Department of Justice wins federal court ruling on 60-day overpayment rule


On August 3, 2015, a federal court issued the first court opinion interpreting the False Claims Act’s (FCA) 60-day overpayment rule since it was enacted by the Affordable Care Act (ACA) in 2010. 

The 60-day overpayment rule requires an overpayment by Medicare or Medicaid to be returned within 60 days of the date on which the overpayment is “identified.” The statute, however, does not specifically define the term “identified,” which has left health care providers uncertain about when the 60-day time period for repayment begins. Until the U.S. District Court in the Southern District of New York court’s ruling in Kane v. Healthfirst, Inc. et al., there was no guidance on the issue, because the Centers for Medicare & Medicaid Services (CMS) had not issued final regulations on the overpayment rule, and no federal court had ruled on the issue. 

Agreeing with the government’s view, the Kane court found that the term “identified” in the 60-day overpayment rule refers to the date when a health care provider is “put on notice of a possible overpayment,” and health care providers cannot postpone the running of the 60-day period until the amount of the overpayment has been conclusively determined.    

Kane involved three hospitals that billed incorrect claims to the New York Medicaid program due to a software problem. In 2011, Kane, a hospital employee, prepared a spreadsheet listing over 900 claims, totaling more than $1 million, that were incorrectly billed. While the hospitals repaid the Medicaid program portion of the total amount due in installments, they did not repay the full amount until two years later in 2013. The government claimed that the hospitals had fraudulently delayed repayment by not paying in full within 60 days. By contrast, the defendant hospitals argued that Kane’s 2011 report had not “identified” any overpayments but, rather, had merely listed claims that were potentially in error. Therefore, they claimed that the overpayment was not “identified” for purposes of starting the 60-day repayment period under the rule.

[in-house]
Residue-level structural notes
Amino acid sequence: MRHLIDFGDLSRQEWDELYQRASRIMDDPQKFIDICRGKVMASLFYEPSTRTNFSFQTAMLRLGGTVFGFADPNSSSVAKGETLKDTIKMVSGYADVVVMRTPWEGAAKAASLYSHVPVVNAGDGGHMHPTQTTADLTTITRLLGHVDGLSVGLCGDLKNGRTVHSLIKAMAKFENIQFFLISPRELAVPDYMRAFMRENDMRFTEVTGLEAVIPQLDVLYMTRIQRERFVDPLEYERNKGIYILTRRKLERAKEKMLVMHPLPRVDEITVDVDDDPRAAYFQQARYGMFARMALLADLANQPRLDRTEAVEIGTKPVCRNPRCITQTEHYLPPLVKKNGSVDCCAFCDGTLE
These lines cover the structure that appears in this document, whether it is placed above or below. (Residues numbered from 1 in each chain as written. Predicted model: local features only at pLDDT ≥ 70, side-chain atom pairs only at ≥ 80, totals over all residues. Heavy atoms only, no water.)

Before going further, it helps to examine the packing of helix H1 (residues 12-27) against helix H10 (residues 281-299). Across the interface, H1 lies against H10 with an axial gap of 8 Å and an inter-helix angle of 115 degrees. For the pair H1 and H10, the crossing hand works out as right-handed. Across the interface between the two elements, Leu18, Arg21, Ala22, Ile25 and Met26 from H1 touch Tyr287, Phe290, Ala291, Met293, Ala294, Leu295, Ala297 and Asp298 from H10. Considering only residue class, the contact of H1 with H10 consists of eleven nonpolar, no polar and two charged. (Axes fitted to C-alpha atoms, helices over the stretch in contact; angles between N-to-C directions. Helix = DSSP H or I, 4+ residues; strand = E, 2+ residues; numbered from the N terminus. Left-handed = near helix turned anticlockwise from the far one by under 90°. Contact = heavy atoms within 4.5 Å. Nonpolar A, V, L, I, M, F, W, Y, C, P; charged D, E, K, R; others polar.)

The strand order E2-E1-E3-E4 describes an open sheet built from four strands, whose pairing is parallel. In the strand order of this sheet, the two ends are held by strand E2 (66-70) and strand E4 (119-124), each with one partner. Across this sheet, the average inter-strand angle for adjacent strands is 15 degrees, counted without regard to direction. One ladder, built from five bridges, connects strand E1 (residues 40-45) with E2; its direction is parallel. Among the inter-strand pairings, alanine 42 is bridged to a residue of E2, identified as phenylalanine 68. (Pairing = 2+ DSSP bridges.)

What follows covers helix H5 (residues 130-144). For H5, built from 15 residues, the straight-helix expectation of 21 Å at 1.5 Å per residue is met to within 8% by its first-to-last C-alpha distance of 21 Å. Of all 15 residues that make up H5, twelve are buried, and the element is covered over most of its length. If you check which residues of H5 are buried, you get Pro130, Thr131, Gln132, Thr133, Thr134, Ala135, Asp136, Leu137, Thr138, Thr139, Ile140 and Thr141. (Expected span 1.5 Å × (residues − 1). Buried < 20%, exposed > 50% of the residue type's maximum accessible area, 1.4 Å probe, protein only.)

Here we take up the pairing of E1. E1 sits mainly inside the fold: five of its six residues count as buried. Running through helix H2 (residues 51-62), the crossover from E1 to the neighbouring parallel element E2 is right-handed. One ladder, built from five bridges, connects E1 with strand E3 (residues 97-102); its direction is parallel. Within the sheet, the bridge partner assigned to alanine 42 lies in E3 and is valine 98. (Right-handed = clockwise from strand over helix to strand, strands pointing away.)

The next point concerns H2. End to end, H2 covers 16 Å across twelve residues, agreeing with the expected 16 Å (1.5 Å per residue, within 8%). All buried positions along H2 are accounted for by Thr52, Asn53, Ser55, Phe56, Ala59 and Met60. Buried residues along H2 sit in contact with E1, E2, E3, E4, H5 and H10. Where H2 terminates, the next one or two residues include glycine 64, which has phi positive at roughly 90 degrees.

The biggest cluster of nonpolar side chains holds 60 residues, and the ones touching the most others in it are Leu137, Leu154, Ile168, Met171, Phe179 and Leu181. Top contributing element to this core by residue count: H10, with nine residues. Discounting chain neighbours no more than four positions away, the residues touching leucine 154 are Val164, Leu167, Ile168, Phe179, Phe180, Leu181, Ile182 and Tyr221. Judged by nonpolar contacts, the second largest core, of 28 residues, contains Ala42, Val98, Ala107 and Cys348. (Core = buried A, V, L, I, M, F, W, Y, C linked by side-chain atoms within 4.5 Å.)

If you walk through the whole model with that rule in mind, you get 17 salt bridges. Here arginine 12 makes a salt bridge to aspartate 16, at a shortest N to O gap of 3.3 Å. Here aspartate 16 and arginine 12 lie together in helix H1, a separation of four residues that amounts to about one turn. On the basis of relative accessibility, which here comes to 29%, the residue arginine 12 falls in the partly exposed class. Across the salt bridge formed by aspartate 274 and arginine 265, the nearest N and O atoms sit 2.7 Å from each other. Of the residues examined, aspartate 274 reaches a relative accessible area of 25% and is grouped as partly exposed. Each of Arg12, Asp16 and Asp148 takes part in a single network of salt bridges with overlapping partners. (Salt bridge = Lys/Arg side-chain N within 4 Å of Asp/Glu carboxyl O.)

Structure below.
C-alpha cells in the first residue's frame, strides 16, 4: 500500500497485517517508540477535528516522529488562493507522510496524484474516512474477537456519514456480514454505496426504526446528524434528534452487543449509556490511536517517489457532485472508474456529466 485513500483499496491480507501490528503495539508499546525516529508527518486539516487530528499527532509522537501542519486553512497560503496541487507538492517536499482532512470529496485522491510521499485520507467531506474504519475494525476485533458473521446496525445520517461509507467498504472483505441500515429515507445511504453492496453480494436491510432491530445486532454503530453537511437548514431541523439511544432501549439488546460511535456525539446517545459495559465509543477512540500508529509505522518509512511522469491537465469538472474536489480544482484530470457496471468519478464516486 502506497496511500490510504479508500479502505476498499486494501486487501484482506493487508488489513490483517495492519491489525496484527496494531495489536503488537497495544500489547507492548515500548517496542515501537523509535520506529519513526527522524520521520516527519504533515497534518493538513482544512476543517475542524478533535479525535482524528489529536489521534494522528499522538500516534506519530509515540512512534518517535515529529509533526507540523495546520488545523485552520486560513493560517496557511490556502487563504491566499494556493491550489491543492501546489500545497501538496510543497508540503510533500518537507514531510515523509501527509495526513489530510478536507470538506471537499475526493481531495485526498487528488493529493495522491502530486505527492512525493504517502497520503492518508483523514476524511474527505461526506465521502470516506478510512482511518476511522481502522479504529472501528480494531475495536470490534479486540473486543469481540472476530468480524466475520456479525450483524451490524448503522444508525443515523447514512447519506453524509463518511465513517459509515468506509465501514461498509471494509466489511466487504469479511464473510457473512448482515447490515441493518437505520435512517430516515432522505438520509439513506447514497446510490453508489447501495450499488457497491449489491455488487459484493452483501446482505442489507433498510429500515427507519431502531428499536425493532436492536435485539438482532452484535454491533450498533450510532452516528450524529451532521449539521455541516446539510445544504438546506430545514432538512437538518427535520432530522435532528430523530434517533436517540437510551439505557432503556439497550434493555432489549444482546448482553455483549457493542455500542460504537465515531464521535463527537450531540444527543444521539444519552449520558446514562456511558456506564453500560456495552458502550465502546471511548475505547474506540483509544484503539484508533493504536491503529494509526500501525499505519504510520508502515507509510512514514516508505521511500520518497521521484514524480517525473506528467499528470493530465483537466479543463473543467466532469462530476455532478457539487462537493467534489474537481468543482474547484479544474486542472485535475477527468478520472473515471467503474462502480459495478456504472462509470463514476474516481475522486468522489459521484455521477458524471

In its analysis, the court considered the plain meaning of the word “identified,” and the legislative history of the ACA and the Fraud Enforcement and Recovery Act, as well as the practical impact of each party’s interpretation. In conclusion, the court agreed with the government in part because adopting the defendant’s interpretation would render it impossible to enforce the overpayment rule and the FCA’s reverse false claims provision. The court acknowledged that its decision would set a high bar for health care providers to swiftly identify and repay overpayments within the 60-day deadline, which some would undoubtedly miss despite diligent efforts. However, prosecutorial discretion could temper inappropriate enforcement of the rule in those cases where providers act diligently.

Since the enactment of the 60-day rule in 2010, the health care industry has been waiting for further guidance about the meaning of “identified” to clarify when the 60-day period begins to run. In February, 2015, CMS delayed its release of final regulations on the 60-day overpayment rule. The Kane decision is the only court opinion to date addressing the issue. Of concern is that in the absence of CMS regulations, other courts may follow the Kane court’s rationale in similar cases.    


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